Under the Equal Pay Act 1970 (replaced with minor changes by the Equality Act 2010) (the “Act”) an individual can claim equal pay with a comparator of the opposite sex employed on equal work “in the same employment” unless the difference is due to a genuine material factor, not sex.  In order to be in the same employment for this purpose, under section 1(6) of the Act, both the claimant and the comparator have to be employed by either the same or an associated employer at either: (i) the same establishment; or (ii) a different establishment where common terms and conditions are observed either generally or for the relevant classes of employee.  This test was considered in the House of Lords in British Coal Corporation v Smith and others [1996] ICR 515.

Employment Tribunal (“ET”) Decision

The ET applied the test in British Coal Corporation concluding that the female school employees and the male comparators would be on broadly similar terms if they were employed at the same establishment and accordingly held that both were in the same employment.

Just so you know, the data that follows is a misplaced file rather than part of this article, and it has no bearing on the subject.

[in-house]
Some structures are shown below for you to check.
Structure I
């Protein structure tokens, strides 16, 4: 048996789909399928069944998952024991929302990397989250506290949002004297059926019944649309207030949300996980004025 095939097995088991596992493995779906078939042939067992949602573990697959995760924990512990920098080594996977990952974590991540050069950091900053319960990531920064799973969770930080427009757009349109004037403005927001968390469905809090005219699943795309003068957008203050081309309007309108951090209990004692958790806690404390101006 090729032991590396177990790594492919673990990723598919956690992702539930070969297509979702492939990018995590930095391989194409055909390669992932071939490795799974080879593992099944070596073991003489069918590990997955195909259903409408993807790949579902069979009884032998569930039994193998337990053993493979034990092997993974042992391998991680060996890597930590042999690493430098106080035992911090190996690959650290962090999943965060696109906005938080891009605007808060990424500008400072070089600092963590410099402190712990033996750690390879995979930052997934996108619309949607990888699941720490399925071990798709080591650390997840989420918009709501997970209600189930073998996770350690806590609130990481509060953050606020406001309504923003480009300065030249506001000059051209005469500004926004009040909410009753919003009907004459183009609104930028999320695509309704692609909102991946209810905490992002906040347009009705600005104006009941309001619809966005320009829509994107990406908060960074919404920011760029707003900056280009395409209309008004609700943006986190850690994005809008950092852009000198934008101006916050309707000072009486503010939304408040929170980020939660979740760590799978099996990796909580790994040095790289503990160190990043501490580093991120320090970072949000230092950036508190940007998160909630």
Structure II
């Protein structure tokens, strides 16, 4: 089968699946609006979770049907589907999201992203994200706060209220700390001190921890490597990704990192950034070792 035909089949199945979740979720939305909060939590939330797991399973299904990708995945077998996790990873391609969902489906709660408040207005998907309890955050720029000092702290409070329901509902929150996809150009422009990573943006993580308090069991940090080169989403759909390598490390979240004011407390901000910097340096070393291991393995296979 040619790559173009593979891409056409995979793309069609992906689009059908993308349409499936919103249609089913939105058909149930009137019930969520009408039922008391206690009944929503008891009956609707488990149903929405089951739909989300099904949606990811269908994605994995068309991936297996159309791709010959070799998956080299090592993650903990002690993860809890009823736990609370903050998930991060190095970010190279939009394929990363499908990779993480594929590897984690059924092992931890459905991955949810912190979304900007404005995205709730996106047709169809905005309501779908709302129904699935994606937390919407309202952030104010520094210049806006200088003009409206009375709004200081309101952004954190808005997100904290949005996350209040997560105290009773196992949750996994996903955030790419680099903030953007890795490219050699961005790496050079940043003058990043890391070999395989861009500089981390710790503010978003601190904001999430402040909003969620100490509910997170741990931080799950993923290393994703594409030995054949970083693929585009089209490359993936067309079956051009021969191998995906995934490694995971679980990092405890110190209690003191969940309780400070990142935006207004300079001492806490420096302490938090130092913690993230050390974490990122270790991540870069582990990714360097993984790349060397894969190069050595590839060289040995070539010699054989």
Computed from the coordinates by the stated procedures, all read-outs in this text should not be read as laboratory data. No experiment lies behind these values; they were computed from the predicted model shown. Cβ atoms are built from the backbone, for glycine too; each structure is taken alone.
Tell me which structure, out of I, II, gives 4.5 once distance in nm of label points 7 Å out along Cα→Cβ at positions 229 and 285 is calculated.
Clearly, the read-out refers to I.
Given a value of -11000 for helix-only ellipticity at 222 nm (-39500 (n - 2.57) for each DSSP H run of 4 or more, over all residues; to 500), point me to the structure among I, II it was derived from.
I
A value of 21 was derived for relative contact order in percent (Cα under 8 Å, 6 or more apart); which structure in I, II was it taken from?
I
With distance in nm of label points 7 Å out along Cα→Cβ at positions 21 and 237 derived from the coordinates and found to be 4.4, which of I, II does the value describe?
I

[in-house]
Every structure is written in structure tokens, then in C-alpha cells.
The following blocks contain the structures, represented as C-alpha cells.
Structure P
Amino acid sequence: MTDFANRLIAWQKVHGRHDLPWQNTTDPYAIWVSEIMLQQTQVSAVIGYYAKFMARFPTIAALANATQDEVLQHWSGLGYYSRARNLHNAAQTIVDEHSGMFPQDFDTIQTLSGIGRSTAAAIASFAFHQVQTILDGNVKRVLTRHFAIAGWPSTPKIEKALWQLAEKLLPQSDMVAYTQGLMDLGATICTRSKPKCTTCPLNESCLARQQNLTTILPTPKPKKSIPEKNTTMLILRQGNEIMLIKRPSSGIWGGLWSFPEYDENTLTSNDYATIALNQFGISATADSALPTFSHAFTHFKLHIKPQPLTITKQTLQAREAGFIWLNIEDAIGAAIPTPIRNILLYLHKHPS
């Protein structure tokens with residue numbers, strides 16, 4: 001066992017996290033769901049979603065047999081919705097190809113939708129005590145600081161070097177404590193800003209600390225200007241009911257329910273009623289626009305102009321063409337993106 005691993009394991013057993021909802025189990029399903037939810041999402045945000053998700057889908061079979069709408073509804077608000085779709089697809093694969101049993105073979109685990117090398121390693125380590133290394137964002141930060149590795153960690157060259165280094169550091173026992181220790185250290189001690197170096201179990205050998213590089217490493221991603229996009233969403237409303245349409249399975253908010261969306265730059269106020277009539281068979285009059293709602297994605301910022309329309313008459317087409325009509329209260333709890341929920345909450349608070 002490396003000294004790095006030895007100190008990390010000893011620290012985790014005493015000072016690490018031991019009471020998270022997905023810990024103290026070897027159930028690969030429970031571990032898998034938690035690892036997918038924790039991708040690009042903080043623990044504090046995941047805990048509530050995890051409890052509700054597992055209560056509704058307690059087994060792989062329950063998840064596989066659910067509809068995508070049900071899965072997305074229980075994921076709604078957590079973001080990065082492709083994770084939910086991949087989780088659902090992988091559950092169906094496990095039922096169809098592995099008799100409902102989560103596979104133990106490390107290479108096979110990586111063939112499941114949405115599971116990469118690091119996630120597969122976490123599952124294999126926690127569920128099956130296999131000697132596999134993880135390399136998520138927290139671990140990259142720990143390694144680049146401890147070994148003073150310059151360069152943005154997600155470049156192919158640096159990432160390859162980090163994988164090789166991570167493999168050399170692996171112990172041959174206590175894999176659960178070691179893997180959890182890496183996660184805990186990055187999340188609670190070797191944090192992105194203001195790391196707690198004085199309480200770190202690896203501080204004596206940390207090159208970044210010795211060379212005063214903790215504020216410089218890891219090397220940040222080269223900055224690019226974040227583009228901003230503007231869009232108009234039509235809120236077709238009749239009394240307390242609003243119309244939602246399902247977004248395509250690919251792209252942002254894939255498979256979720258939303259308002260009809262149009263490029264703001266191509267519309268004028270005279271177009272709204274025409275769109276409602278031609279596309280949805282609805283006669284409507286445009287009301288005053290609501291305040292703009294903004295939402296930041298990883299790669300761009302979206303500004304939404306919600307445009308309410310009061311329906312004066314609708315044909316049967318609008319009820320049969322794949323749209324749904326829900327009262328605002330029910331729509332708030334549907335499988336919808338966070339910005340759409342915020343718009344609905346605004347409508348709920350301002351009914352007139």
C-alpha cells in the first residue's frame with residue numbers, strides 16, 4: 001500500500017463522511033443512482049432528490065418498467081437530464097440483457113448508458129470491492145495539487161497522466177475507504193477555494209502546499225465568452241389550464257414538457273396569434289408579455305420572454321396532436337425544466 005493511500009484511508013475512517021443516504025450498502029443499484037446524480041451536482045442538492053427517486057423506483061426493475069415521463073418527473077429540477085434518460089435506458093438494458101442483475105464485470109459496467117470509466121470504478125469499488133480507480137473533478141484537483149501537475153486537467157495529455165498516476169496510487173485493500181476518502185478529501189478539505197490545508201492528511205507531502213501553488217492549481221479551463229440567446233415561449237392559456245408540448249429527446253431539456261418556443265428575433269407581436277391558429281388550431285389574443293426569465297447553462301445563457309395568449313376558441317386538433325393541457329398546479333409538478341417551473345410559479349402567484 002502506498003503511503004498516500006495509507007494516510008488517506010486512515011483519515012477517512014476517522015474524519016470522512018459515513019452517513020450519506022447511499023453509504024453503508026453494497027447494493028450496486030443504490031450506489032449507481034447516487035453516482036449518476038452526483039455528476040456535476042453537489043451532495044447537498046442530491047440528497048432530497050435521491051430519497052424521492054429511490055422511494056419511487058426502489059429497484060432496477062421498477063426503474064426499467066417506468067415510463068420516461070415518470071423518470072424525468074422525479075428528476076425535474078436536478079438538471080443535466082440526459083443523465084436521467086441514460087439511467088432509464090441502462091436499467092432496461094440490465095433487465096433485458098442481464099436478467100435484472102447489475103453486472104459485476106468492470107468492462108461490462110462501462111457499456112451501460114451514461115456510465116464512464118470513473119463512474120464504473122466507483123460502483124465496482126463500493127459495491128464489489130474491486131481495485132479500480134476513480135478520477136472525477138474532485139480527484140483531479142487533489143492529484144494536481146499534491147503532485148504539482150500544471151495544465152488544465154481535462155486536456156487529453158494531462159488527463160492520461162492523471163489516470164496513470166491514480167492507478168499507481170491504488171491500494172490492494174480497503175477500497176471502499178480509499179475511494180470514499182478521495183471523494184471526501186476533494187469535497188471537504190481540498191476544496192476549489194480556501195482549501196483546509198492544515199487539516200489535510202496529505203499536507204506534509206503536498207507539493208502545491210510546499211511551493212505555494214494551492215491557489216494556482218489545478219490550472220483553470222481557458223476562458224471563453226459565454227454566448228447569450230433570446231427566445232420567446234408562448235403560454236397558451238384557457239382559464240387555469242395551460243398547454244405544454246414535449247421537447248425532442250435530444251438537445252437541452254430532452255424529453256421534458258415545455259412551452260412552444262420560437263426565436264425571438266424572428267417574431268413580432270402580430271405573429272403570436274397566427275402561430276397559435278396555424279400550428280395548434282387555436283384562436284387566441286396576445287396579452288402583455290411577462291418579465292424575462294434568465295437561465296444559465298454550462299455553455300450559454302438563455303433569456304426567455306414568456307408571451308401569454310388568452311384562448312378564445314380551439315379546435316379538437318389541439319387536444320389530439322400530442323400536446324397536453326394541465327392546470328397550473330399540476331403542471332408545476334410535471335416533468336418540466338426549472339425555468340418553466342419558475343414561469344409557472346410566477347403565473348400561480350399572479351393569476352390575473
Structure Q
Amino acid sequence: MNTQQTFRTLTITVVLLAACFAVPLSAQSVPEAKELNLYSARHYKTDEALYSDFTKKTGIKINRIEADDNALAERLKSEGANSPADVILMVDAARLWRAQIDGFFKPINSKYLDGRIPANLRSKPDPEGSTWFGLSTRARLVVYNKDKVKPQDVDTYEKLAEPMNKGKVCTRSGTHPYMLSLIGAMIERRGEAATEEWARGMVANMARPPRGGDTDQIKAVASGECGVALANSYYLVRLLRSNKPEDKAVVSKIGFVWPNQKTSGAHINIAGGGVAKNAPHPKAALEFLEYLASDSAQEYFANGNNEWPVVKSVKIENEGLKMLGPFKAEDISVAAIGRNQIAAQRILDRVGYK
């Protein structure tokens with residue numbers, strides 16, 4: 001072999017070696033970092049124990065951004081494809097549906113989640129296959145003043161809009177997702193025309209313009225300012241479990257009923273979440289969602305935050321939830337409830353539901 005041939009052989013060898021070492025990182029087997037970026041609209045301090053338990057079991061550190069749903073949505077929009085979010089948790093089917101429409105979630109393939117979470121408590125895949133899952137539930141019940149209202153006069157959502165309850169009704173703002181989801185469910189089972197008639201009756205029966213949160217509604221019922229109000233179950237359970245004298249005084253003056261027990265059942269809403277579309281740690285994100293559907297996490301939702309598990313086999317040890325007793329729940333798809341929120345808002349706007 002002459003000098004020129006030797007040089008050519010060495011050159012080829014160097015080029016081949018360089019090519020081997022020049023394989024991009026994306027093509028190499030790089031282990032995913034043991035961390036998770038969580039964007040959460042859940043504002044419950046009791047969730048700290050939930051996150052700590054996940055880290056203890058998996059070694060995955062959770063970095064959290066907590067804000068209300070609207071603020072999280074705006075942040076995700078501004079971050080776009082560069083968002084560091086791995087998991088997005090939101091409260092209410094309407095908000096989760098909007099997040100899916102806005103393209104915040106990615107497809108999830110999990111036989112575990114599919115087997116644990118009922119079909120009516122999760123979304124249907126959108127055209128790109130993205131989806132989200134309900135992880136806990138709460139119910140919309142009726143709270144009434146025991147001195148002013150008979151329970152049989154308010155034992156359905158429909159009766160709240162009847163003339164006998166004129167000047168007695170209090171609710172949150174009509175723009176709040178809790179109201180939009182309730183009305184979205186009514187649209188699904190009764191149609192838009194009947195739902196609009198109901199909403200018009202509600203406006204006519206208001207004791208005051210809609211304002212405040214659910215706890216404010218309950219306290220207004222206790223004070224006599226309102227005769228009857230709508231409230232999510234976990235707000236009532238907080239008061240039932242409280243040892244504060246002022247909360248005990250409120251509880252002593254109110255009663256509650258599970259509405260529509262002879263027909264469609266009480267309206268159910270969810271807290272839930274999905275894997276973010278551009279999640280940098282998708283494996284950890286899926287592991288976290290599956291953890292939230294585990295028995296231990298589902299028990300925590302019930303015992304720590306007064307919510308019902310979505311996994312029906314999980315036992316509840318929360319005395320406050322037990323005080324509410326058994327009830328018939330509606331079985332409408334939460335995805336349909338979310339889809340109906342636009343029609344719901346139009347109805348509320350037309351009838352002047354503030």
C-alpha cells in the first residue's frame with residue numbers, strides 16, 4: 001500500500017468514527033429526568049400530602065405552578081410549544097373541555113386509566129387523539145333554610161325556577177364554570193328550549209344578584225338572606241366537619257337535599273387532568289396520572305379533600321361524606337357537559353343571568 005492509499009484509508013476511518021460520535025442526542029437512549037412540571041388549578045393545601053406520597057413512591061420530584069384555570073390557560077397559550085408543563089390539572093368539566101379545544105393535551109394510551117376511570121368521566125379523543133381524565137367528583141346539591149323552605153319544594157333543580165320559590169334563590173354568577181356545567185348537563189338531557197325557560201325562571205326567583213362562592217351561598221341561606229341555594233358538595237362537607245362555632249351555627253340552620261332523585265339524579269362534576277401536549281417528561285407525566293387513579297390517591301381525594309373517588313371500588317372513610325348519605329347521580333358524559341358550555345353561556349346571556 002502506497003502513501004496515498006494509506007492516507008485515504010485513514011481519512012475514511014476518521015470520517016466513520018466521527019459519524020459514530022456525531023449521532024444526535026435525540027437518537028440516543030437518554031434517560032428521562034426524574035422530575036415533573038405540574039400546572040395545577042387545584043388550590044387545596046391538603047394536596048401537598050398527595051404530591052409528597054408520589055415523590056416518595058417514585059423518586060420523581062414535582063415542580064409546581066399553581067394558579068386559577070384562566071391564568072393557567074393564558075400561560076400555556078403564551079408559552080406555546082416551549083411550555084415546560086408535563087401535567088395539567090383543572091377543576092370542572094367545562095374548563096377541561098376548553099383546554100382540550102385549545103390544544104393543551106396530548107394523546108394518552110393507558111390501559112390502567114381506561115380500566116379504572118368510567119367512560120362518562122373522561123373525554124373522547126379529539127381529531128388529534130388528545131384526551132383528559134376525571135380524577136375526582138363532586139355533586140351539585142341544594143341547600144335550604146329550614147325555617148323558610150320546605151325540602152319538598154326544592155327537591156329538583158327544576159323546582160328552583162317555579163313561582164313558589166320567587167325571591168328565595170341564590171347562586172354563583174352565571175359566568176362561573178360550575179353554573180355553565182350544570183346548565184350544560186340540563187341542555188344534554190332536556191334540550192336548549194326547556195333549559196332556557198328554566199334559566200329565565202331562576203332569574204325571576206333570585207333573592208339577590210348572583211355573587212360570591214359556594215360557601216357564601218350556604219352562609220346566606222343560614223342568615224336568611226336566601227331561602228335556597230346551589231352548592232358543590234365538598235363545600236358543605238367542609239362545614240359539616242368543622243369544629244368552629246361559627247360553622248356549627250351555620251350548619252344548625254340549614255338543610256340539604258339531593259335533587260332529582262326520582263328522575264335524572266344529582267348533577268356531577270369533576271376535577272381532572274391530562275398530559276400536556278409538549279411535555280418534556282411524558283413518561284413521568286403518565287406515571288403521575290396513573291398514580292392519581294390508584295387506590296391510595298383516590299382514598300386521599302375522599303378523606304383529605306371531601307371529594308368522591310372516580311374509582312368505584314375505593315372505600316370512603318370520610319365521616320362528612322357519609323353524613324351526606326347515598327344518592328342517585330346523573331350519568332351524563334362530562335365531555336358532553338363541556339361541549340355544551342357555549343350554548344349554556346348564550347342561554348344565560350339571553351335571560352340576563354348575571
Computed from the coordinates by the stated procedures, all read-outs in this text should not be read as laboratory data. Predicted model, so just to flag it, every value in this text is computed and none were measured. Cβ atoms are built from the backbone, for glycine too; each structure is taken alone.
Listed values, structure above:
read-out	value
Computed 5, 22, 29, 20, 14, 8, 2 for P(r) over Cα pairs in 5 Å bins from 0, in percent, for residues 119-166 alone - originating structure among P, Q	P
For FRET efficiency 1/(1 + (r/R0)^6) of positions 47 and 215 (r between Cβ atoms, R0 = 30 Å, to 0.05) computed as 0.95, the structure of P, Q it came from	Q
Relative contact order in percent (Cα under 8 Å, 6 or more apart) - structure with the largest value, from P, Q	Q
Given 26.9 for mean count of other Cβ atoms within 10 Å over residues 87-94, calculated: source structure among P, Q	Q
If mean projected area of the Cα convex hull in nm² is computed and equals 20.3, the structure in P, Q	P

Employment Appeal Tribunal (“EAT”) Decision

The EAT held that an essential part of the test in British Coal Corporation is that a claimant must firstly show that there is a real possibility of the chosen comparator being employed at the same establishment either in the job they carried out at the other establishment or in a broadly similar job.  The female employees submitted an argument that this real possibility test ran counter to European law, particularly Article 141 of the EC Treaty, and that section 1(6) of the Act should be construed or modified in a manner consistent with European law. The female employees’ argument failed and the EAT reversed the ET’s earlier decision.

Court of Session (Inner House, Second Division) Decision